Here's something I've never understood: Bands don't make great recordings and then inexplicably release an album with instruments out of tune and lyrics reduced to gibberish. Comics don't tour for years building a fan base, then unveil a new act composed of racist rants. Why, then, is it so common for directors of fabulous, even timeless, films to follow them with pure crap?
I raise the issue because Superbad (2007) is one of my favorite comedies, and it was directed by Greg Mottola. It wasn't a fluke. He also made 2009's Adventureland. And Paul (2011). And Clear History (2013). Mottola is a gifted filmmaker. So, where were those gifts when he was making the decidedly meh, instantly forgettable Keeping Up With the Joneses?
A director doesn't have to make a given picture. An important part of the filmmaking process, in fact, is writing or choosing a worthwhile script. What attracted Mottola to Michael LeSieur's recycling bin of tired gags and tropes is impossible to imagine. Virtually the only other film LeSieur has written is 2006's cringeworthy You, Me and Dupree, which one reviewer compared to "romantic comedies made by the Third Reich" upon its release.
Like that comedy, Keeping Up With the Joneses pivots on the ancient premise of a suburban couple's picture-perfect existence being turned upside down by a newcomer who proves not to be what they seem. In Dupree, Owen Wilson played a house guest who appalls his hosts with his boorish behavior. In The Joneses, Jon Hamm and Gal Gadot play undercover operatives who masquerade as Tim and Natalie Jones, an ordinary married couple who've just moved into a home on a quaint Atlanta cul-de-sac. If this sounds like a blatant rip-off of Mr. & Mrs. Smith (2005), that's because it is. (A moment of silence, please, for Brad and Angelina's marriage.)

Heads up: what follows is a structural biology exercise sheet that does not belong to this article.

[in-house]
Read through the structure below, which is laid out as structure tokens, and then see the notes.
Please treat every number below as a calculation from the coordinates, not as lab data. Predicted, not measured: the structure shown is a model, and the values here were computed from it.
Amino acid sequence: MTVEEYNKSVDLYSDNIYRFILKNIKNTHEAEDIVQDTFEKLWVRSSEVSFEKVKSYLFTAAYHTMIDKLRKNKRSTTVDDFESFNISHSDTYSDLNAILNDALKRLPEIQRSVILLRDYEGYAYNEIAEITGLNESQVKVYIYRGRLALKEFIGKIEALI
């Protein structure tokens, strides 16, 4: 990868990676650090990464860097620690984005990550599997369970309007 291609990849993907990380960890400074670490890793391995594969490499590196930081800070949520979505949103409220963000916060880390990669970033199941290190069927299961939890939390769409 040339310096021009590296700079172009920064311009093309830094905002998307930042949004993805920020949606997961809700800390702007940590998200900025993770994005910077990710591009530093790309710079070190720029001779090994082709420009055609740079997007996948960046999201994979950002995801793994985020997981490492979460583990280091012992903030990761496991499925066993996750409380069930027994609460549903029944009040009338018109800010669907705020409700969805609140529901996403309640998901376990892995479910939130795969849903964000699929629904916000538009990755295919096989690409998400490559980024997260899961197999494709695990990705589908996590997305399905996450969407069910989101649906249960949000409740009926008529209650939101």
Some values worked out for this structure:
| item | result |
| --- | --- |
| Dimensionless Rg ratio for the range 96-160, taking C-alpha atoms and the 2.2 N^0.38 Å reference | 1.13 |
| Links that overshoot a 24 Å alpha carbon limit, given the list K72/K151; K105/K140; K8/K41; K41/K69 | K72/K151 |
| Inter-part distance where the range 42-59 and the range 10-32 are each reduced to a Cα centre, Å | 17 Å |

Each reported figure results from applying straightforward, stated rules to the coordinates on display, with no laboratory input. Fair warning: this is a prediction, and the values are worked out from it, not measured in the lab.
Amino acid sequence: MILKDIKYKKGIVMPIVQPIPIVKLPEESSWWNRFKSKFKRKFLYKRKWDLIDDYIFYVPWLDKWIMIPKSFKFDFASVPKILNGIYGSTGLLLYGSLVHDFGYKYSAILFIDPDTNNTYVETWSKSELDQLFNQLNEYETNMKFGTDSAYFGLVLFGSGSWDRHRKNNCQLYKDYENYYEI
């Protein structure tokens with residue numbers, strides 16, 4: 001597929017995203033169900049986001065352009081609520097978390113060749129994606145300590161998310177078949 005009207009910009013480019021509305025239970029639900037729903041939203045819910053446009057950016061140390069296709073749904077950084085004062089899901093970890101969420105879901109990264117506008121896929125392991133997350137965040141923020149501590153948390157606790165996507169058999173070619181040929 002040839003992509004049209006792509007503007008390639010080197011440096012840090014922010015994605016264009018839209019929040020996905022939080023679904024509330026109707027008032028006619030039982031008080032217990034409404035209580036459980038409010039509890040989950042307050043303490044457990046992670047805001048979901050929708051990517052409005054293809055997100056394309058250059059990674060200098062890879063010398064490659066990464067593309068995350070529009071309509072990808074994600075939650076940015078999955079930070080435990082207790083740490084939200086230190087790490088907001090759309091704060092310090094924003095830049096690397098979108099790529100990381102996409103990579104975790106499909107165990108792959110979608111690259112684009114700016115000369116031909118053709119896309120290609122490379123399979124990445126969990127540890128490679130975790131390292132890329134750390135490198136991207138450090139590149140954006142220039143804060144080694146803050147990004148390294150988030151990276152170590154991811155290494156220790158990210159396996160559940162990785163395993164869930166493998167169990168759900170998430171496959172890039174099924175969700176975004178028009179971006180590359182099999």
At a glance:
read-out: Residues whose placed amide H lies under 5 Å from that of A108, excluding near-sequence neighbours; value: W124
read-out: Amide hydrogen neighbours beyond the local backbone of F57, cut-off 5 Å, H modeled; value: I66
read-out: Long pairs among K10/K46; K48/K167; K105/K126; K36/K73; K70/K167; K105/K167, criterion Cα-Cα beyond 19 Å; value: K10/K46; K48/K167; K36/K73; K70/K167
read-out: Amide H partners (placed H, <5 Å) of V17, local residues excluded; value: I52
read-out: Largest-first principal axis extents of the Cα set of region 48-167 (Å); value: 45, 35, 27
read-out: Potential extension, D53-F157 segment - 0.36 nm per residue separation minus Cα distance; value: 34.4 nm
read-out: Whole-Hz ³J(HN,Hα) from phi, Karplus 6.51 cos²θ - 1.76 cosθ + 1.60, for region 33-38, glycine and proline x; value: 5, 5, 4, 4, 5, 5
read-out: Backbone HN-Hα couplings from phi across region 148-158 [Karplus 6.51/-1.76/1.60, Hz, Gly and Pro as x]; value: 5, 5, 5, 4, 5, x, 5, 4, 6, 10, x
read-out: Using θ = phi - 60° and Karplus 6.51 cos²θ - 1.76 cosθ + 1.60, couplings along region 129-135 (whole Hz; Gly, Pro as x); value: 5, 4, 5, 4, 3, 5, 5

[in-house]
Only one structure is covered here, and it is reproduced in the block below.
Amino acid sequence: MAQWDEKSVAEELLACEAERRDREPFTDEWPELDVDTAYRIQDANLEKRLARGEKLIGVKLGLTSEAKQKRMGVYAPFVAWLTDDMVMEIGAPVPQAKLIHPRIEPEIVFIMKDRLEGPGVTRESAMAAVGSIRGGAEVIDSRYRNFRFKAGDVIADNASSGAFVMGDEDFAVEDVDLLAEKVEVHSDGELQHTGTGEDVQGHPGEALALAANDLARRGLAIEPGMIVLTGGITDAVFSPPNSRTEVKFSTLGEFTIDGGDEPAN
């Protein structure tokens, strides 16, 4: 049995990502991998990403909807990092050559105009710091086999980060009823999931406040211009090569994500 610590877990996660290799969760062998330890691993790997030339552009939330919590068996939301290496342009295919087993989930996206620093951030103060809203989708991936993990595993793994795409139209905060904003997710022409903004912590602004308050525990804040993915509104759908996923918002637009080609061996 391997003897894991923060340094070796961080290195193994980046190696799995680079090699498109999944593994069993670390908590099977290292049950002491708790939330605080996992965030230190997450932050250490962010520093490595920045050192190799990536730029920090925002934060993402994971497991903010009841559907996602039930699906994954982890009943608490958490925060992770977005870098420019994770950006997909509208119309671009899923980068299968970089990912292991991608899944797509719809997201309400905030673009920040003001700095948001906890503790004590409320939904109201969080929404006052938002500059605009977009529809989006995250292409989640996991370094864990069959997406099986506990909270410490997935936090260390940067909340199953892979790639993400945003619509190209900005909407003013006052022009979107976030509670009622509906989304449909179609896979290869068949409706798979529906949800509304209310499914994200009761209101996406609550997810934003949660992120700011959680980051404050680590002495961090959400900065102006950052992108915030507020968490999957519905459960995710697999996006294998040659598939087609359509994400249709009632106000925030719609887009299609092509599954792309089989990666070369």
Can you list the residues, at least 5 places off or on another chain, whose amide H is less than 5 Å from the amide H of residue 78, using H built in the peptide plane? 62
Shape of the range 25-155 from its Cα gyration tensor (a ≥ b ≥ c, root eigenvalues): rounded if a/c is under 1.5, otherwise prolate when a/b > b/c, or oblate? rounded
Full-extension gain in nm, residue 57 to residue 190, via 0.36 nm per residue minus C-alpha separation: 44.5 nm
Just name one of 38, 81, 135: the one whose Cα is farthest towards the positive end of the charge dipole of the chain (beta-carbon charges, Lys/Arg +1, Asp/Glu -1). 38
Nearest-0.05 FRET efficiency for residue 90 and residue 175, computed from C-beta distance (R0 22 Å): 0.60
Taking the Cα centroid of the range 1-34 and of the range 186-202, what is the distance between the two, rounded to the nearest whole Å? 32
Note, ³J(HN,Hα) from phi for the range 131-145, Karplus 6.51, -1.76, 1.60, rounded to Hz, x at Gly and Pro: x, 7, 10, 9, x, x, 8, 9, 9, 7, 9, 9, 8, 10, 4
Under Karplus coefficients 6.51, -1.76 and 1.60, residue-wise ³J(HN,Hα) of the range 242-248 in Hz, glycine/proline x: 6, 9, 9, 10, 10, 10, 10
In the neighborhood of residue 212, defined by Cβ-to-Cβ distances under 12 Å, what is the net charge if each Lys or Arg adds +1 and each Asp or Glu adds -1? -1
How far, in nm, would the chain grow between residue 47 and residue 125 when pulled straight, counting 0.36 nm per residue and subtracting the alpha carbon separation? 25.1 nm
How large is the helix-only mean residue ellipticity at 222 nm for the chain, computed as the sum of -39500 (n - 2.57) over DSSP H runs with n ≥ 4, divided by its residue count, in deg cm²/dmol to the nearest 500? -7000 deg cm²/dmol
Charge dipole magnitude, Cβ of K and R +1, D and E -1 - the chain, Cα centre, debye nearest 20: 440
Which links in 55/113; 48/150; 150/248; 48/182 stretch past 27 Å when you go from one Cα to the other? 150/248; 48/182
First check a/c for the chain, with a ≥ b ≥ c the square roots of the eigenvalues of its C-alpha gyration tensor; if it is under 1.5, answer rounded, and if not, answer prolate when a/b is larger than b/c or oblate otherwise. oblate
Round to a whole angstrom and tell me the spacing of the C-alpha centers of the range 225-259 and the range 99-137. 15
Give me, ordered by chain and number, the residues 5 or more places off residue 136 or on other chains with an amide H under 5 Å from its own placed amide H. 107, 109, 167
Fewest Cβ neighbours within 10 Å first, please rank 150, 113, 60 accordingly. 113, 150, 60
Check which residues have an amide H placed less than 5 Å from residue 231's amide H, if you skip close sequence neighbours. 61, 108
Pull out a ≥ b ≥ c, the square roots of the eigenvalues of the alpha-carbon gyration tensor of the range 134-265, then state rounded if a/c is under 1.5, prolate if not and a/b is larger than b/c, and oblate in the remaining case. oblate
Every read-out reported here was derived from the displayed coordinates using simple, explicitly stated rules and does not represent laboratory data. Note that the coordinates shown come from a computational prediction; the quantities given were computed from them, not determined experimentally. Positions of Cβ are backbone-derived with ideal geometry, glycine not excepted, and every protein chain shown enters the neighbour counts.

Across the street live Jeff and Karen Gaffney (Zach Galifianakis and Isla Fisher), a walking, talking checklist of suburban clichés. While their kids are away at summer camp, for example, the pair's idea of getting crazy is binge-watching "The Good Wife." Karen has so little going on with Jeff that she has lots of time to spy on the new neighbors and soon begins to suspect they're up to something. Jeff — whom Galifianakis basically plays as the Ed Helms role from The Hangover series — just happens to work as an HR drone at a major aeronautics manufacturer or defense contractor or something. All we know for sure is that it's a place from which enemies of the state might want to steal top-secret files.
Jeff and Karen, it goes without saying, wind up meddling their way into the middle of Tim and Natalie's mission. So the audience is treated to action-comedy firsts such as car chases, shoot-outs and leaps through plate-glass windows. The joke is — wait for it — that all the mayhem and terror give the boring Gaffneys a new appreciation for their humdrum lives.
I can't recall a time when so much talent was wasted on such an aggressively mediocre script. On top of the leads, the movie also squanders Matt Walsh, Maribeth Moore and Patton Oswalt. It takes a special kind of writer to put words in mouths like theirs and ensure that what comes out is rarely even remotely funny. Yet, once again, LeSieur gets the job done.
The question the viewer's left with is why a guy as gifted as Greg Mottola didn't.